|US6458273||May 11, 2000||Oct 1, 2002||Ontogen Corporation||Sample separation apparatus and method for multiple channel high throughput purification|
|US6508938||Apr 2, 2001||Jan 21, 2003||Ontogen Corporation||Apparatus and method for multiple channel high throughput purification|
|US6558540 *||Jul 30, 2001||May 6, 2003||Berger Instruments, Inc.||Exhaust gas collection system for supercritical fluid chromatography|
|US6652753 *||Feb 4, 2002||Nov 25, 2003||Berger Instruments, Inc.||Apparatus and method for preparative supercritical fluid chromatography|
|US6656354 *||Feb 4, 2002||Dec 2, 2003||Berger Instruments, Inc.||Apparatus and method for preparative supercritical fluid chromatography|
|US6740241||Nov 10, 1999||May 25, 2004||Millipore Corporation||Chromatography column system and method of packing of a chromatography column|
|US6817717||Sep 19, 2002||Nov 16, 2004||Hewlett-Packard Development Company, L.P.||Display system with low and high resolution modulators|
|US6920000||Sep 19, 2002||Jul 19, 2005||Hewlett-Packard Development Company, L.P.||Filter for a display system|
|US6921175||Sep 19, 2002||Jul 26, 2005||Hewlett-Packard Development Company, L.P.||Color-generating device and display system|
|US7018046||Sep 15, 2004||Mar 28, 2006||Hewlett-Packard Development Company, L.P.||Display system with low and high resolution modulators|
|US8100382 *||Oct 8, 2004||Jan 24, 2012||Brooks Instrument, LLP||Valve assembly|
|US8215922||Sep 5, 2008||Jul 10, 2012||Aurora Sfc Systems, Inc.||Compressible fluid pumping system for dynamically compensating compressible fluids over large pressure ranges|
|US8419936||Apr 16, 2013||Agilent Technologies, Inc.||Low noise back pressure regulator for supercritical fluid chromatography|
|US8931519||Feb 18, 2005||Jan 13, 2015||Waters Technologies Corporation||Pin valve assembly|
|US9163618||Jun 22, 2012||Oct 20, 2015||Agilent Technologies, Inc.||Automated conversion between SFC and HPLC|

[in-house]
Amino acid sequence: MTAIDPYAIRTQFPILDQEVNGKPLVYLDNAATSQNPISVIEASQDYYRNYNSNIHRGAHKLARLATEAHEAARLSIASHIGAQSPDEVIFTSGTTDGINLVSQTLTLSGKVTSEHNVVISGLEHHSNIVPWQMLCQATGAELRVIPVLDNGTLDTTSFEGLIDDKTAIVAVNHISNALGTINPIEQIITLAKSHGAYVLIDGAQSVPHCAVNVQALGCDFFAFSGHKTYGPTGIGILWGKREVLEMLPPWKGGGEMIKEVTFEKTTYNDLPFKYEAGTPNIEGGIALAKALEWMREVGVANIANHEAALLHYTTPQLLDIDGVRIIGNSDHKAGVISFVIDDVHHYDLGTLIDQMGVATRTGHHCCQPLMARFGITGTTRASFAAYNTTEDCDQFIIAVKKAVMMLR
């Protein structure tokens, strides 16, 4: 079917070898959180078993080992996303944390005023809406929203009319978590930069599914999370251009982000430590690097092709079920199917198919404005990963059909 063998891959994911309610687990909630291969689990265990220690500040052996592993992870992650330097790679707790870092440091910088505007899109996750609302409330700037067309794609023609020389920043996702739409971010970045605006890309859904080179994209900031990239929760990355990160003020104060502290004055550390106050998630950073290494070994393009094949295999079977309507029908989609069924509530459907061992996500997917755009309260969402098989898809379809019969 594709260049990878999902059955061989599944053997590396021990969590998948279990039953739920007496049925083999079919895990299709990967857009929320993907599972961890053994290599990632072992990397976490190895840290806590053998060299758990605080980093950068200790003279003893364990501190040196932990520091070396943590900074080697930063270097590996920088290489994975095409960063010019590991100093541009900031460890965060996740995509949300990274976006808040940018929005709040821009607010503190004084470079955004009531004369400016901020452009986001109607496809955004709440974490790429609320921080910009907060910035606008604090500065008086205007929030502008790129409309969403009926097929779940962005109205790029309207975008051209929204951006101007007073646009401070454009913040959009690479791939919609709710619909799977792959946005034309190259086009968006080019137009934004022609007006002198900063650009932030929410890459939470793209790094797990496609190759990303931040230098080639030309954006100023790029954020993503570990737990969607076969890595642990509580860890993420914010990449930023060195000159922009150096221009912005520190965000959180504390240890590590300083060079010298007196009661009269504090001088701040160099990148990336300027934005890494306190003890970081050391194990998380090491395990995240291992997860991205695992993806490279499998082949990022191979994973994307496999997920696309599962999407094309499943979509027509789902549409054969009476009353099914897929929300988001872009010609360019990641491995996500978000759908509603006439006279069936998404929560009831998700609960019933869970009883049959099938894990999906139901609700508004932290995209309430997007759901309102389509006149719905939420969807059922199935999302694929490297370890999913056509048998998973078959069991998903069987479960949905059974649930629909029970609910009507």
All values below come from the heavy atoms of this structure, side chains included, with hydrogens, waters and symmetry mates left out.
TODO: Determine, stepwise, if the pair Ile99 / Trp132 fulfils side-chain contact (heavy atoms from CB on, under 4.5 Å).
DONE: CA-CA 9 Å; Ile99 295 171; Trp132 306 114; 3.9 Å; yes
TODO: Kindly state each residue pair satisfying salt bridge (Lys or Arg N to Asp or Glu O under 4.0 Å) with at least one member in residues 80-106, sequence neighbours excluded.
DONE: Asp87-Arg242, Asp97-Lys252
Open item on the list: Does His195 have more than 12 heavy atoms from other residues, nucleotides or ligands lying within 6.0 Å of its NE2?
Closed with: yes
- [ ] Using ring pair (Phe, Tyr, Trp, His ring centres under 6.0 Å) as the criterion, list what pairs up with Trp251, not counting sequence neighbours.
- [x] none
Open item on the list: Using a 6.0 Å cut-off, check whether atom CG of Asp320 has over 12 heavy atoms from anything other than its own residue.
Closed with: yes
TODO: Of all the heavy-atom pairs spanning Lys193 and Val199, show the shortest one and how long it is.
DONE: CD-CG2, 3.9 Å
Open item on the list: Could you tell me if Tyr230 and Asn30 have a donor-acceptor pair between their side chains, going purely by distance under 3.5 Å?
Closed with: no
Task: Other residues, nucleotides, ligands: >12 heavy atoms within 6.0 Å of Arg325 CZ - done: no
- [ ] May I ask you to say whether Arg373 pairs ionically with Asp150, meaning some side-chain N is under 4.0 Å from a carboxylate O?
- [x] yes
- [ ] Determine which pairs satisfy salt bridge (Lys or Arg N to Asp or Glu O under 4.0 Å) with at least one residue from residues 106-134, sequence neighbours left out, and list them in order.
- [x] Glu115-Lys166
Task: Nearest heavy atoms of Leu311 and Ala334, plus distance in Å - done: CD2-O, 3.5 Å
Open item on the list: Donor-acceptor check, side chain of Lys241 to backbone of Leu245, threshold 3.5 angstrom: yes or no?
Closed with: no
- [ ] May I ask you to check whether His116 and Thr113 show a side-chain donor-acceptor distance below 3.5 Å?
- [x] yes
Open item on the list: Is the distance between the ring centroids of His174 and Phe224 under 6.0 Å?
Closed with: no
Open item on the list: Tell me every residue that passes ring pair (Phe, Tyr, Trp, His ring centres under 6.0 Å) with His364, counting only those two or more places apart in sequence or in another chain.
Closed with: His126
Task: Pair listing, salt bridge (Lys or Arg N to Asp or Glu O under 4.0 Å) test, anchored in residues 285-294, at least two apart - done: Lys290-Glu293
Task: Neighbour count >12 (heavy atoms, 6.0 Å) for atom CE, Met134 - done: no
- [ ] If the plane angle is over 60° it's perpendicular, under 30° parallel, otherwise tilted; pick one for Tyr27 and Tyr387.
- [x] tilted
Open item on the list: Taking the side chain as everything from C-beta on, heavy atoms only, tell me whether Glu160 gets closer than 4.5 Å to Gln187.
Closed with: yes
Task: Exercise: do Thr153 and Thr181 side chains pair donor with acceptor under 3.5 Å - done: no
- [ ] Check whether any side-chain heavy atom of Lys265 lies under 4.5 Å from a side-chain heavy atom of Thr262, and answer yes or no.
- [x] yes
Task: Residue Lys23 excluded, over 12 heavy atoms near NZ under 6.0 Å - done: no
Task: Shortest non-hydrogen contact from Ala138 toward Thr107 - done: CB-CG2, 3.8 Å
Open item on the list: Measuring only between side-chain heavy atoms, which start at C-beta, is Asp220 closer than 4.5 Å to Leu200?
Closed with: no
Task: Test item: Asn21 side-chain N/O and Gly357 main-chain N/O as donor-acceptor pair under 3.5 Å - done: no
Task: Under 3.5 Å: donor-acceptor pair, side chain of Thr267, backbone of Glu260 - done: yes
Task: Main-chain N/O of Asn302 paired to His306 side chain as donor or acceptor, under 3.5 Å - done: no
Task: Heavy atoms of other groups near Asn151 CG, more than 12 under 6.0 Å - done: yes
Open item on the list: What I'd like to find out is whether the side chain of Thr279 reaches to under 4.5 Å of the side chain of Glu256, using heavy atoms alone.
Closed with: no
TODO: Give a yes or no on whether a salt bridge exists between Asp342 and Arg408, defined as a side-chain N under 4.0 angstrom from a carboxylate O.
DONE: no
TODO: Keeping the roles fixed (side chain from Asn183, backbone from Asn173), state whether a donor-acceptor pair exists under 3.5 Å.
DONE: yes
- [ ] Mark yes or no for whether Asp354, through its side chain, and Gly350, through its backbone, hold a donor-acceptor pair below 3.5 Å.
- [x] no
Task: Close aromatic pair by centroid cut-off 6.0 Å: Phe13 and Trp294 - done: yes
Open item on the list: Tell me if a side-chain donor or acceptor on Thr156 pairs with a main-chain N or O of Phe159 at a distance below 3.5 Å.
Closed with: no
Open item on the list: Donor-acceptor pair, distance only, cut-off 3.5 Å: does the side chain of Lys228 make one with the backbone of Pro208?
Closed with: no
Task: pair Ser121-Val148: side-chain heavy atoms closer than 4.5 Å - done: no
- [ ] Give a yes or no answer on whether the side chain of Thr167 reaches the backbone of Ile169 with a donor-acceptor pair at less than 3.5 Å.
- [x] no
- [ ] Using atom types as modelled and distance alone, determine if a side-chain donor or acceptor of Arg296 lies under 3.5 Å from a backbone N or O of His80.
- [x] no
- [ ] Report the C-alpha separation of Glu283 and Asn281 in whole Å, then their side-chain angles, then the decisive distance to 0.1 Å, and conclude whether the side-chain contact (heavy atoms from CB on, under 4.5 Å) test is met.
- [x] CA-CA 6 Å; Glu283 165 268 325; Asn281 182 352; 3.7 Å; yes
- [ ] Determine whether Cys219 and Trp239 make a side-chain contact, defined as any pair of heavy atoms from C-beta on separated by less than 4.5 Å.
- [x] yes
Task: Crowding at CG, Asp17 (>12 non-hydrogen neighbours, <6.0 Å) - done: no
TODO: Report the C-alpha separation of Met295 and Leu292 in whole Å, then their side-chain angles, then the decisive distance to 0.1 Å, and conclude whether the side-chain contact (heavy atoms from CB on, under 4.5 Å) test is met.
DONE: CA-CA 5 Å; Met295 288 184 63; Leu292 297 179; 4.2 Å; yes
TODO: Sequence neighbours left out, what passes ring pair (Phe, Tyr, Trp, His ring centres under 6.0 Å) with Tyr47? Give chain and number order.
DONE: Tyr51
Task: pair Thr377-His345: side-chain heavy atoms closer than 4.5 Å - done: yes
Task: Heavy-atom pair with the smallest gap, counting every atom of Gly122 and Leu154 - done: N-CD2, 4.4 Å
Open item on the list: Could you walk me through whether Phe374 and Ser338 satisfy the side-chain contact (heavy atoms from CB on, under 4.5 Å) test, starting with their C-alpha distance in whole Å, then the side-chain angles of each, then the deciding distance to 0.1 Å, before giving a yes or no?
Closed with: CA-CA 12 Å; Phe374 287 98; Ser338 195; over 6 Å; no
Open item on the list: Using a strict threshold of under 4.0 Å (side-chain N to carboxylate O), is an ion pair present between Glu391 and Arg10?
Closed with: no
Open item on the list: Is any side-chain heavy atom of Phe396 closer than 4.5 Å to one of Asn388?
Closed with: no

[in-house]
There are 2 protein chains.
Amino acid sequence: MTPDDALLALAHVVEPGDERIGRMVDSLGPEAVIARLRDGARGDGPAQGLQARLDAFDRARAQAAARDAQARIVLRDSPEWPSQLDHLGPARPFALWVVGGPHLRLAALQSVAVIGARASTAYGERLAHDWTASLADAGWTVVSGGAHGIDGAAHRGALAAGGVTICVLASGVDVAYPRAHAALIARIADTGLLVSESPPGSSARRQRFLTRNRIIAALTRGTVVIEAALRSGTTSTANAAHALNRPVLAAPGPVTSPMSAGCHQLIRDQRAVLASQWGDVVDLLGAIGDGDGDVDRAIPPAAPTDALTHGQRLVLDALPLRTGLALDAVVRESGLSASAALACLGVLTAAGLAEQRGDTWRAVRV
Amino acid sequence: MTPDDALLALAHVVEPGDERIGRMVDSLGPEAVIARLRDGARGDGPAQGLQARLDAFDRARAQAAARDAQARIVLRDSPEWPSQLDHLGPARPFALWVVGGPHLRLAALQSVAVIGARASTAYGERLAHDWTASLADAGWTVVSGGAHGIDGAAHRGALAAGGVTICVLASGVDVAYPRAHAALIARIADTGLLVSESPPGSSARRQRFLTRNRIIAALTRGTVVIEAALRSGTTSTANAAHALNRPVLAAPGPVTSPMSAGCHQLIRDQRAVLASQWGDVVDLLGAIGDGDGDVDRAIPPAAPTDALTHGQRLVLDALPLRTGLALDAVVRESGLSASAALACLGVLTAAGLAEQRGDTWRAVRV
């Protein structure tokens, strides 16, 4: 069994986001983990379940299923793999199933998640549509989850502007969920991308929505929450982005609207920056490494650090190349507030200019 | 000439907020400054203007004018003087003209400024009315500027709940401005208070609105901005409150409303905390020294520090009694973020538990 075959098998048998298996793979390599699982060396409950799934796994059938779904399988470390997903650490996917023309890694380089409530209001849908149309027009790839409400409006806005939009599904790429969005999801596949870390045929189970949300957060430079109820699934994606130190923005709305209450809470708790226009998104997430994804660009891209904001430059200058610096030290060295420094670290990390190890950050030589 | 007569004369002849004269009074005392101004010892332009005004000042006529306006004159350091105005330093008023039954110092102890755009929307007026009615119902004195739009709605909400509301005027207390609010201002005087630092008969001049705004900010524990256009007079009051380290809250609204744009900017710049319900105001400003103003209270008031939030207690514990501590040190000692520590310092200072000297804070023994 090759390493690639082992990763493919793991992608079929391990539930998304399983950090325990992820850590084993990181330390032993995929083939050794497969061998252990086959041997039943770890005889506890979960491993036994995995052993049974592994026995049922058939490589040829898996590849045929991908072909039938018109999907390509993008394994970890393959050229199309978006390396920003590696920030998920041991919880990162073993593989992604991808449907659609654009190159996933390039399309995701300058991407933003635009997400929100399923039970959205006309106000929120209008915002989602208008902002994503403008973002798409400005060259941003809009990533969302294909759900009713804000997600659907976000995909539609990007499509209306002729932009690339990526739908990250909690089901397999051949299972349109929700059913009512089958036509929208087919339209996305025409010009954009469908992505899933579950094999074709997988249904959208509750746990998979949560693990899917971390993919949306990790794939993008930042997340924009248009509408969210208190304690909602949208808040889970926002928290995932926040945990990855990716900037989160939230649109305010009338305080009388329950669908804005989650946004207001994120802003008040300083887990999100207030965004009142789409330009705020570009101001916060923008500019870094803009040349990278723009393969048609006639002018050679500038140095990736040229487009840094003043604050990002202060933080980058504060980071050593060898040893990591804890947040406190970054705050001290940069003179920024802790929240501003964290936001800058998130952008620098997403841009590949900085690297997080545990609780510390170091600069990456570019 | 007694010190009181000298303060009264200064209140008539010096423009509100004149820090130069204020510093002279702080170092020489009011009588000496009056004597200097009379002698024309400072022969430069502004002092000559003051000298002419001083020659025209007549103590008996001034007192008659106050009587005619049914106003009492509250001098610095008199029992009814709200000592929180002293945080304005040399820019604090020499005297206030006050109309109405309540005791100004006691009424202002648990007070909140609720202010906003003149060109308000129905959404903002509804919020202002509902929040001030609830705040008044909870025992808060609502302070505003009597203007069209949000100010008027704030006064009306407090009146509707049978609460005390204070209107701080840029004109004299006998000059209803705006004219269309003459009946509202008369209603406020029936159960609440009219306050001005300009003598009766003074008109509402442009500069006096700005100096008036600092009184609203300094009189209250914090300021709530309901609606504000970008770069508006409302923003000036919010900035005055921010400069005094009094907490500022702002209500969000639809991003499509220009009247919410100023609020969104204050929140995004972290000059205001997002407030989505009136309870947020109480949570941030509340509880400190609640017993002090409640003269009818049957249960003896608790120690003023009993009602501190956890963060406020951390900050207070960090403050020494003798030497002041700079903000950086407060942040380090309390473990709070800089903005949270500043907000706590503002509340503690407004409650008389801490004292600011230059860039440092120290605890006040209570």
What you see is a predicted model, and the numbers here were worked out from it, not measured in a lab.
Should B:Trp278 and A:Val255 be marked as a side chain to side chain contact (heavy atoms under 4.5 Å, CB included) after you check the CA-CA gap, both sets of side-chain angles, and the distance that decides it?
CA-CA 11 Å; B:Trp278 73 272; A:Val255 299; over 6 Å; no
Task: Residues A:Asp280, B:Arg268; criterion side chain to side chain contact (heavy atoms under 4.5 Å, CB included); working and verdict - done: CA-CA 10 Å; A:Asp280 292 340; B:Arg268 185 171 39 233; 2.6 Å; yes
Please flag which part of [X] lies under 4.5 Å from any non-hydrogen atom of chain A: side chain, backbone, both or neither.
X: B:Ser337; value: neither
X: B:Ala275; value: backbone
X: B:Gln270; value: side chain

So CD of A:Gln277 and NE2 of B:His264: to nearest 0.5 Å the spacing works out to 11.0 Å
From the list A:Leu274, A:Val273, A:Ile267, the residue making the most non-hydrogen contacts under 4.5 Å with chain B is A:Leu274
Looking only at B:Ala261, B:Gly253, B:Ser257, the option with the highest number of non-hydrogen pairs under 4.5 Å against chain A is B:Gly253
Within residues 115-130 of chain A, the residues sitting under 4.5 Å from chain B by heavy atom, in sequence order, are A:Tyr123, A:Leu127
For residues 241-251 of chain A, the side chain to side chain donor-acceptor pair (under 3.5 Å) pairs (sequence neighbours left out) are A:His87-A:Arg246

|US20020070169 *||Feb 4, 2002||Jun 13, 2002||Berger Terry A.||Apparatus and method for preparative supercritical fluid chromatography|
|US20020070170 *||Feb 4, 2002||Jun 13, 2002||Berger Terry A.||Apparatus and method for preparative supercritical fluid chromatography|
|US20020100503 *||Mar 28, 2002||Aug 1, 2002||Browne Ronnie A.||Sanitary diaphragm valve|
|US20040057021 *||Sep 19, 2002||Mar 25, 2004||Noah Lassar||Color-generating device and display system|
|US20040057143 *||Sep 19, 2002||Mar 25, 2004||Steinfield Steven W.||Filter for a display system|
|US20040084648 *||Oct 20, 2003||May 6, 2004||Applied Precision, Llc||Precision controlled fast valve|
|US20050030482 *||Sep 15, 2004||Feb 10, 2005||Childers Winthrop D.||Display system with low and high resolution modulators|
|US20060081807 *||Dec 5, 2005||Apr 20, 2006||Browne Ronnie A||Sanitary diaphragm valve|
|US20080116406 *||Oct 8, 2004||May 22, 2008||Emerson Electric Co.||Valve Assembly|
|US20100102008 *||Oct 27, 2009||Apr 29, 2010||Hedberg Herbert J||Backpressure regulator for supercritical fluid chromatography|
|US20110233299 *||Mar 23, 2010||Sep 29, 2011||Berger Terry A||Low Noise Back Pressure Regulator for Supercritical Fluid Chromatography|
|DE9308058U1 *||May 28, 1993||Aug 19, 1993||Hewlett Packard Gmbh||Ventil|
|U.S. Classification||210/198.2, 96/105, 251/335.2, 210/137, 210/659, 251/129.15, 251/331|
|International Classification||G01N30/02, G01N30/20, G01N30/08|
|Cooperative Classification||G01N2030/085, G01N30/20, G01N30/02, G01N30/08|
|European Classification||G01N30/20, G01N30/08|
|Mar 28, 1996||FPAY||Fee payment|
Year of fee payment: 4
|Mar 28, 2000||FPAY||Fee payment|
Year of fee payment: 8
|Apr 28, 2000||AS||Assignment|
Owner name: HEWLETT-PACKARD COMPANY, A DELAWARE CORPORATION, C
Free format text: MERGER;ASSIGNOR:HEWLETT-PACKARD COMPANY, A CALIFORNIA CORPORATION;REEL/FRAME:010841/0649
Effective date: 19980520
|Jun 15, 2000||AS||Assignment|
Owner name: AGILENT TECHNOLOGIES INC., CALIFORNIA
Free format text: ASSIGNMENT OF ASSIGNORS INTEREST;ASSIGNOR:HEWLETT-PACKARD COMPANY, A DELAWARE CORPORATION;REEL/FRAME:010901/0336
Effective date: 20000520
|Apr 14, 2004||REMI||Maintenance fee reminder mailed|
|Sep 29, 2004||LAPS||Lapse for failure to pay maintenance fees|
|Nov 23, 2004||FP||Expired due to failure to pay maintenance fee|
Effective date: 20040929